Happenings

The gift of speaking

Sep 2005    

“ …since you are eager to have spiritual gifts, try to excel in gifts that build up the church.” — 1 Cor. 14:12b

THE key to understanding the purpose of the gifts and the purpose of the gift of speaking, according to Paul, is to build up God’s people. It is to bring that which had been divided by sin and evil back together again by the Spirit of God. Why did God give human beings the ability to communicate? Genesis 1 is a crescendo of speech that rises to the creation of human beings in God’s image and thus with the ability to communicate and it is in Genesis 2 that the gift of speaking allows for Adam to respond to God to fulfil his will for creation.

Unlike other animals, God’s will for man would not to be realised through mere instinctual obedience to nature’s law. True fruition for humankind was only possible through the gift of speaking with and responding to God as persons. And here lies the awful calamity of sin. Rather than a means of truth and order, the gift of speech served to alienate humanity from God and each other through their lies.

The depths of estrangement are reached in the futility of Babel. Babel means “tongues” and bespeak of our inability to heal the breach between man and God as well as between man and man. It is the cacophony of alienation that the Spirit is overcoming in Corinth, according to Paul.

As he argues in 1 Corinthians 12-14, through Christ and the power of the Holy Spirit, God is re-uniting that which was torn asunder by calling the Corinthians to “pursue the way of love”.

This pursuit, according to Paul, should guide all the gifts and particularly the gift of speaking. Nearly every gift involves to some degree the gift of speaking. Yet it is precisely here that the danger to our unity dwells. Because the gift is by nature diverse, apart from the power and unity of the Holy Spirit, it threatens to divide rather than bring us together.

When the gift becomes self absorbed, used to build up our own self rather than the community, the gift actually begins to tear the church apart. Even tongues, prophecy, or preaching can divide if they merely are used for individual spiritual fulfilment.

Rather than building up the body of Christ, the tongue can quickly become an instrument to attack, degrade and divide. Such division reflects not the Kingdom of God but the division of Babel. This is the problem Paul faced in the church at Corinth. The very gifts bestowed upon the church to re-establish the bonds of unity were wrongly dividing the church.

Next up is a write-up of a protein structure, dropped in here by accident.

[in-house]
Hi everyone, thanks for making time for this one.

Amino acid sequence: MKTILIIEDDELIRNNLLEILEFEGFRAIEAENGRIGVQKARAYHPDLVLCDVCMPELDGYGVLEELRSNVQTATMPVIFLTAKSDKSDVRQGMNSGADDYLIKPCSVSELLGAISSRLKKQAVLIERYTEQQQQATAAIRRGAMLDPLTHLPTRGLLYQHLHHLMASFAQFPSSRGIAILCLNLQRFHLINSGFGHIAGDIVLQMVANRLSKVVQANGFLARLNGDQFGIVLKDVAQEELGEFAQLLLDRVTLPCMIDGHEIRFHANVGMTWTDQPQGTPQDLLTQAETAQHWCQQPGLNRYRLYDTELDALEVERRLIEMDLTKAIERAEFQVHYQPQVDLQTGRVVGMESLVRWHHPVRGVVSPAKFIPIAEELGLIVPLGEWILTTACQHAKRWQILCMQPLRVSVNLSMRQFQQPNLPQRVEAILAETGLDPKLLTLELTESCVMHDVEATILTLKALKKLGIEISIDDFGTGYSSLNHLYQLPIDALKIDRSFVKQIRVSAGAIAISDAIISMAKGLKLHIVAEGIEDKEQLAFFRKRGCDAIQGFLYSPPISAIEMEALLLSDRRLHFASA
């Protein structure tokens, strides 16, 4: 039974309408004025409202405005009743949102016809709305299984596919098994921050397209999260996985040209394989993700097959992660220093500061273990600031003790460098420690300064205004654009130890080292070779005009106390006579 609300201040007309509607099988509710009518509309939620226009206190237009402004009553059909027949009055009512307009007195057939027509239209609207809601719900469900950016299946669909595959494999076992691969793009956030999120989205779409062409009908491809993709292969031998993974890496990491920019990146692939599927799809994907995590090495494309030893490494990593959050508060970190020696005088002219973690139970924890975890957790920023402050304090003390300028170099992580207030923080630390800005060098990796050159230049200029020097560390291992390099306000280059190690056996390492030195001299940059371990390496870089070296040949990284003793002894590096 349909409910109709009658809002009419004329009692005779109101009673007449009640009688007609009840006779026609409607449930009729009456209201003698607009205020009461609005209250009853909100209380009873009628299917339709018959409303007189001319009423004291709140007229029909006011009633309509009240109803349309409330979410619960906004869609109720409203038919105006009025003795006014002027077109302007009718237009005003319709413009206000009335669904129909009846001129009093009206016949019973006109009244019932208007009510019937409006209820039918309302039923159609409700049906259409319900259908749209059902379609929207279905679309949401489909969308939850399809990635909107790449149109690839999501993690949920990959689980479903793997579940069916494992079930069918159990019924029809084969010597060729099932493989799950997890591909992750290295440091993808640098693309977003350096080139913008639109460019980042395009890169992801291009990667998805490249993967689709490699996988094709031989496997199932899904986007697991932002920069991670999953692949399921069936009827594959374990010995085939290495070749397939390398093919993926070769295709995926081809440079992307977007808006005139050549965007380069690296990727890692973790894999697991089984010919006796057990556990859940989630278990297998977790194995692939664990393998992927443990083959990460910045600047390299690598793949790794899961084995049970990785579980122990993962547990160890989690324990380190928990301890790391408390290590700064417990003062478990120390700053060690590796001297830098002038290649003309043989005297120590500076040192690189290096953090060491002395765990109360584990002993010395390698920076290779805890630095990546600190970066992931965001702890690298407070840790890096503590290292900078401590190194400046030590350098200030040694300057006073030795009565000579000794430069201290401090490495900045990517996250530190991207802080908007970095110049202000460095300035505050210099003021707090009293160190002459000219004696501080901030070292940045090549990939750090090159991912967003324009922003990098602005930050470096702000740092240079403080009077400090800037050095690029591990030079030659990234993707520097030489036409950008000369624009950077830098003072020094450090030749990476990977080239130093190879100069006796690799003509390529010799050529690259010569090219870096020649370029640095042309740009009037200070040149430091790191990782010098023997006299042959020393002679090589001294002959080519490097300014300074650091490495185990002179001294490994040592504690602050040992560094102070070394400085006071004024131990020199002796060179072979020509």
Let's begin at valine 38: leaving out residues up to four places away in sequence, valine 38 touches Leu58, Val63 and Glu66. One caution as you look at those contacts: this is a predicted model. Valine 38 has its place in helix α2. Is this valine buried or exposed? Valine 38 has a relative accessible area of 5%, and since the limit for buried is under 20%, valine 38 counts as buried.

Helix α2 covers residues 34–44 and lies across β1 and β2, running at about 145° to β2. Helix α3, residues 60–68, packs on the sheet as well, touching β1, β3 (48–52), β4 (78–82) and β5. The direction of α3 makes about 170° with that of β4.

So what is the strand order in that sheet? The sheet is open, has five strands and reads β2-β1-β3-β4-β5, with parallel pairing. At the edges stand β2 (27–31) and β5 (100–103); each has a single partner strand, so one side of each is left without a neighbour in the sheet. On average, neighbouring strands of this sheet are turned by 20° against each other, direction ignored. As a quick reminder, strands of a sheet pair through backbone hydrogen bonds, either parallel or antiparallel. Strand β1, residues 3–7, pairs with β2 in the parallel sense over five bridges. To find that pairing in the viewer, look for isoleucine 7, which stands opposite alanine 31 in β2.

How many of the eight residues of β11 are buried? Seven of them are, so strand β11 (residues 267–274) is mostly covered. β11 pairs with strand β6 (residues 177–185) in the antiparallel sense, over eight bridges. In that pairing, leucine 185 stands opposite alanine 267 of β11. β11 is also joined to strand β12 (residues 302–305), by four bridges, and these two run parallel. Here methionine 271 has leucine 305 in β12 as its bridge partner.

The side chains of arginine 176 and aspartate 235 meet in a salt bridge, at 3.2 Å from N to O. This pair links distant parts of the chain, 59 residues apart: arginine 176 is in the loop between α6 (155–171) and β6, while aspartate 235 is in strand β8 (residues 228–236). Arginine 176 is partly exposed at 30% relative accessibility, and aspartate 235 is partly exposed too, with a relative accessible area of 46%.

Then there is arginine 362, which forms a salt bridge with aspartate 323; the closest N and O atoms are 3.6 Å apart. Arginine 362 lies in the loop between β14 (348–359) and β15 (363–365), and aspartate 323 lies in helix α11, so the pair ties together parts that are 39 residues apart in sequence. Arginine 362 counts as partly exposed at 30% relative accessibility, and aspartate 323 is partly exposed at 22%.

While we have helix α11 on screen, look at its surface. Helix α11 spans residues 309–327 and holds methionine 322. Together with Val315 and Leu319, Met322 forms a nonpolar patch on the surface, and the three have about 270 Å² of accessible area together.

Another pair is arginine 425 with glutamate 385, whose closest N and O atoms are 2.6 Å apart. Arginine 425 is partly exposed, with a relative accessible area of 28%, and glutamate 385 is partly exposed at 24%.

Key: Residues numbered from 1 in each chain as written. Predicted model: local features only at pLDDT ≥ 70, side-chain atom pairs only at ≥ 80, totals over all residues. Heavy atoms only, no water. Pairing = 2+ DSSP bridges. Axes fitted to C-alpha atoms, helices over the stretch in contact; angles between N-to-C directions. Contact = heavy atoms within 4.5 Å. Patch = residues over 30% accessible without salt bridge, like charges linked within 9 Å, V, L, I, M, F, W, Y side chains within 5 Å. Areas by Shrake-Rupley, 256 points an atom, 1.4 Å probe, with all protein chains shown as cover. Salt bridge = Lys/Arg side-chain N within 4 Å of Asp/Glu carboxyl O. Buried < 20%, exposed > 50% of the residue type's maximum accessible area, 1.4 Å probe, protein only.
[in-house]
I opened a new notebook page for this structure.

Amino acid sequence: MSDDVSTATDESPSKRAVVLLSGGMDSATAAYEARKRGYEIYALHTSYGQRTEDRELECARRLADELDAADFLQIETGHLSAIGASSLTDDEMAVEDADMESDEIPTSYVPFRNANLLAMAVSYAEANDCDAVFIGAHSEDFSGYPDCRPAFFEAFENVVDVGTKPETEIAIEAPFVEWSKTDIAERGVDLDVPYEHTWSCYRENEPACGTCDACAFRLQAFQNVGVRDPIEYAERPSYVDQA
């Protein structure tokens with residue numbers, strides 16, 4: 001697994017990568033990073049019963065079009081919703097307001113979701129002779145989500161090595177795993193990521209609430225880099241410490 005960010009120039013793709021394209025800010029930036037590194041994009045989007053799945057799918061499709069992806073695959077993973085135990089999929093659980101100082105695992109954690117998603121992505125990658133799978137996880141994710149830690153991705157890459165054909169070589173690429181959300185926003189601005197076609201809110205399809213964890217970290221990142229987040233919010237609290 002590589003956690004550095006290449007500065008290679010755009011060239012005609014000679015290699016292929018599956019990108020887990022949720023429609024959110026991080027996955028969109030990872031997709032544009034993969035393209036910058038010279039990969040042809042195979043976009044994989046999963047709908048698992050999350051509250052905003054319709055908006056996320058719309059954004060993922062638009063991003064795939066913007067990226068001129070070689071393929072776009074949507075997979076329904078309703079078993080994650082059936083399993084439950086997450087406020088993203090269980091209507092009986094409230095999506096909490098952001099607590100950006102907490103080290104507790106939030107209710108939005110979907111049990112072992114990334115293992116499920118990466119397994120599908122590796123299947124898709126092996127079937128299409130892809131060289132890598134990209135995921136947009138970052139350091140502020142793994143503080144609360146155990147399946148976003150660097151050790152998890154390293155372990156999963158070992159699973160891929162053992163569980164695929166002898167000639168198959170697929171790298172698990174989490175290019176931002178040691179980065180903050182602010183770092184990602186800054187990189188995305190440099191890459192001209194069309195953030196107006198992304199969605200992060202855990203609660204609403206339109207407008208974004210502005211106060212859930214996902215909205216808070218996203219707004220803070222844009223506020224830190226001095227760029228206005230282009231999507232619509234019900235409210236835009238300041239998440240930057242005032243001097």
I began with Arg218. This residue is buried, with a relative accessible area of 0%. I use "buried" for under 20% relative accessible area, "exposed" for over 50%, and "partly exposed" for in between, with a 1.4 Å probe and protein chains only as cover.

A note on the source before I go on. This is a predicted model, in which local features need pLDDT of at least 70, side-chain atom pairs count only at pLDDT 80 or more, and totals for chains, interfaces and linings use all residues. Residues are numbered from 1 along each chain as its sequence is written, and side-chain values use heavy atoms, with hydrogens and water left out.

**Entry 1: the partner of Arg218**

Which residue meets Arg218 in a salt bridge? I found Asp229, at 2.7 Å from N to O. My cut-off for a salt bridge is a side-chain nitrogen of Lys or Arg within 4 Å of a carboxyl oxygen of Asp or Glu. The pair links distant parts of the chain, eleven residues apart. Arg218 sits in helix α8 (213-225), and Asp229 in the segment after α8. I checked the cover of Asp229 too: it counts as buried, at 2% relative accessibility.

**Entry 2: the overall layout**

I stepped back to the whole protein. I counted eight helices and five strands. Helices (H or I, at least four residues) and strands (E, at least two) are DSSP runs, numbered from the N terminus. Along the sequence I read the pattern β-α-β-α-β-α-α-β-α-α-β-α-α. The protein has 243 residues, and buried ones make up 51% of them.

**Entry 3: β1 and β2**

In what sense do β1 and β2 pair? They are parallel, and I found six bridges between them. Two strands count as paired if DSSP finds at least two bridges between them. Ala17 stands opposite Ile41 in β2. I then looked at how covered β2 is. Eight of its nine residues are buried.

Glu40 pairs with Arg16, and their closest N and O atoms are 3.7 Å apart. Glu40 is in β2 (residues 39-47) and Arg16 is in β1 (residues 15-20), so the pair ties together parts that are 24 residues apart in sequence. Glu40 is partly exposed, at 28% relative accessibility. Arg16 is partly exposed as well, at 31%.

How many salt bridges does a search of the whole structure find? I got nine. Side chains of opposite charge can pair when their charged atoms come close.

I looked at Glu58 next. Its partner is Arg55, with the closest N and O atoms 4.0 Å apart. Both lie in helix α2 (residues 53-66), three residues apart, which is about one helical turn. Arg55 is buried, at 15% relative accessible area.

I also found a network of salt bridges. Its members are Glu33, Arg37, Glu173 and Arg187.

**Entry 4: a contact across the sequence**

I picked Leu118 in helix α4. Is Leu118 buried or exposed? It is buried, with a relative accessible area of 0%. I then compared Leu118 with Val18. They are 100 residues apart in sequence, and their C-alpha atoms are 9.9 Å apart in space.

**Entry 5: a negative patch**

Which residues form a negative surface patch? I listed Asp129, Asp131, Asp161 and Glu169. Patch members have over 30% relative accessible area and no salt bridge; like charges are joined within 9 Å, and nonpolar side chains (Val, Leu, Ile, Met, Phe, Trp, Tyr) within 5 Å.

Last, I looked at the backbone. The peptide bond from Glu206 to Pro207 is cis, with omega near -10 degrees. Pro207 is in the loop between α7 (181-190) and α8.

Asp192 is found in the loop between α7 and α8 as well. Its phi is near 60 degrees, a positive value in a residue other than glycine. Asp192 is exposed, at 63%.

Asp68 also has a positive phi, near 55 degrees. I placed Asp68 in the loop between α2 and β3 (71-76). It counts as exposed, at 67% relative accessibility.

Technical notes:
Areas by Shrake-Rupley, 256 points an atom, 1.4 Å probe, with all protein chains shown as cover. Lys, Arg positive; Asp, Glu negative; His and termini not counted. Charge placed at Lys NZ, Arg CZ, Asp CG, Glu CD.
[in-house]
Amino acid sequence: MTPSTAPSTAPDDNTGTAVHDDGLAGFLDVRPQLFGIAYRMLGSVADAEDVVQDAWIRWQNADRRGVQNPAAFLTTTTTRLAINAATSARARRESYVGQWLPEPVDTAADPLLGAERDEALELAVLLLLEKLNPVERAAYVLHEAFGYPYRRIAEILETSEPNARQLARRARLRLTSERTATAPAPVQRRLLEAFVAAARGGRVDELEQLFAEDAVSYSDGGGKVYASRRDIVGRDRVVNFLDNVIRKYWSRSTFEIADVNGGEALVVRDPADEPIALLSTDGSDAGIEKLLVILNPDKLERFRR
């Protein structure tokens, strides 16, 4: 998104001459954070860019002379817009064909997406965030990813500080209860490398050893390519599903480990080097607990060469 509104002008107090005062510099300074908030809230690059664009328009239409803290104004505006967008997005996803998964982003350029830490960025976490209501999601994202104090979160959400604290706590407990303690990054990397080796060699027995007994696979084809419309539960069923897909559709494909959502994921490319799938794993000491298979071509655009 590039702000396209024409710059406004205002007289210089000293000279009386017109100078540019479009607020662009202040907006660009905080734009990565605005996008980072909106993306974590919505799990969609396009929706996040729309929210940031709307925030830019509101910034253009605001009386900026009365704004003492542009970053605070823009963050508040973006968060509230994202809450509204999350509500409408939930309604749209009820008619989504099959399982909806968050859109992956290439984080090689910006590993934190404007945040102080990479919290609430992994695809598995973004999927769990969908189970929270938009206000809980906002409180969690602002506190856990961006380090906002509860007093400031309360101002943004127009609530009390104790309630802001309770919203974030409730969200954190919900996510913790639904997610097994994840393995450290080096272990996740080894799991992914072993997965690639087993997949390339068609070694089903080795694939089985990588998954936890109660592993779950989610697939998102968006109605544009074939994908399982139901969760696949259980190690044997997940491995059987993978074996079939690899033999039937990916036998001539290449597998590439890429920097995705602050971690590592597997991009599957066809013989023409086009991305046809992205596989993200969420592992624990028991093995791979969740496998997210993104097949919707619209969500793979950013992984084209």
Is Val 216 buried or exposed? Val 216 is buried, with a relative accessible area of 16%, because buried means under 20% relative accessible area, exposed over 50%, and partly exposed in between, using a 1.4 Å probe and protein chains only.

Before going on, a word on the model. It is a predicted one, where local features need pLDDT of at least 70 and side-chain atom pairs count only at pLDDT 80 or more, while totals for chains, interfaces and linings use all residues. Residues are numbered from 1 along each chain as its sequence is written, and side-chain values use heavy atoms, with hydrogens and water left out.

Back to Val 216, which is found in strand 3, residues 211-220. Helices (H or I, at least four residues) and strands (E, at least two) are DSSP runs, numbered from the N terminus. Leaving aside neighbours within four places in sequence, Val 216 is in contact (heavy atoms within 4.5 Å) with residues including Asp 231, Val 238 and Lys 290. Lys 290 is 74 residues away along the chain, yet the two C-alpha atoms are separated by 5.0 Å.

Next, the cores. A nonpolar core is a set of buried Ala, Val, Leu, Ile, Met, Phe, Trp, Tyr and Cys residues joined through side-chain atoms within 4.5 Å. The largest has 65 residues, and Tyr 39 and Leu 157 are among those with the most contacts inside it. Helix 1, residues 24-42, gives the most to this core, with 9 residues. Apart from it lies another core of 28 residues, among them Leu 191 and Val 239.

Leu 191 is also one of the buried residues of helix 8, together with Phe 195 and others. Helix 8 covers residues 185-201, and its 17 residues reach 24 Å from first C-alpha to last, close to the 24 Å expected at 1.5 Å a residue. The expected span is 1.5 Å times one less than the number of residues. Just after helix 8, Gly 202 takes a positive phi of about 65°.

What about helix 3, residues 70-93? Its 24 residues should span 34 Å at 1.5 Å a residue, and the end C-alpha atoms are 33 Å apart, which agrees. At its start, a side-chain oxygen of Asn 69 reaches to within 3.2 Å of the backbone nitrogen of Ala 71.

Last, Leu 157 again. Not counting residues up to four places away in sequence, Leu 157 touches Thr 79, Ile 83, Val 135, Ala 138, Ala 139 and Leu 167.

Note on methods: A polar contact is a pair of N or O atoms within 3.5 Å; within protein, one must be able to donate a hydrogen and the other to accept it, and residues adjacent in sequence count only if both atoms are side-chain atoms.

The problem was not the gifts but their disorderly use. Thus, Paul affirms speaking in heavenly tongues even as he gives preference prophecy wherein God’s clear communication is manifest. In prophecy God helps the church in difficult circumstance through foretelling, exhortation and edification so that the church can address its challenges with boldness. It also includes words of consolation when we suffer. Here prophecy provides God’s solace, comfort and love during hard times.

Prophecy is clear. It is revelation thus making manifest what was previously hidden. Whereas tongues leave mystery as mystery, prophecy makes the vague comprehensible providing guidance so that the church can pursue the way of love. This is why prophecy is the orderly and appropriate word for God’s gathered people in worship.

WORDS cannot console, cannot edify, cannot exhort unless they are clear words that we understand. These are the words that help us to ride through the storms of life or to grasp the challenges before us. Thus in both foretelling and forth-telling, prophecy is the better gift, according to Paul.

Clear and articulate, prophecy tells us about God, ourselves, the world or the situation we find ourselves in. For the more we know about God, the more we love Him, and the more we love Him, the more we want to know Him better. This path of knowing and loving God requires clarity, not mystery.

There is certainly a place for mystery in that we can never know everything there is to know about God and even the greatest theologians reach the point where they must fall upon their knees in praise of God because they know God is beyond their ability to fully know Him. On the other hand, what God has revealed we are to strive to understand.

Thus, we begin to see the purpose of the gift of speaking. God in restoring creation to its true beauty draws us back into unity with Him through the word. The purpose of the word is to order the wonderful diversity of our world according to the peace of God.

The Rev Dr Thomas Harvey, a lecturer at Trinity Theological College, works with the Presbyterian Church as a Partner in Mission from the Presbyterian Church (USA).

THE TONGUE CAN DIVIDE

‘Rather than building up the body of Christ, the tongue can quickly become an instrument to attack, degrade and divide. Such division reflects not the Kingdom of God but the division of Babel. This is the problem Paul faced in the church at Corinth. The very gifts bestowed upon the church to re-establish the bonds of unity were wrongly dividing the church.’

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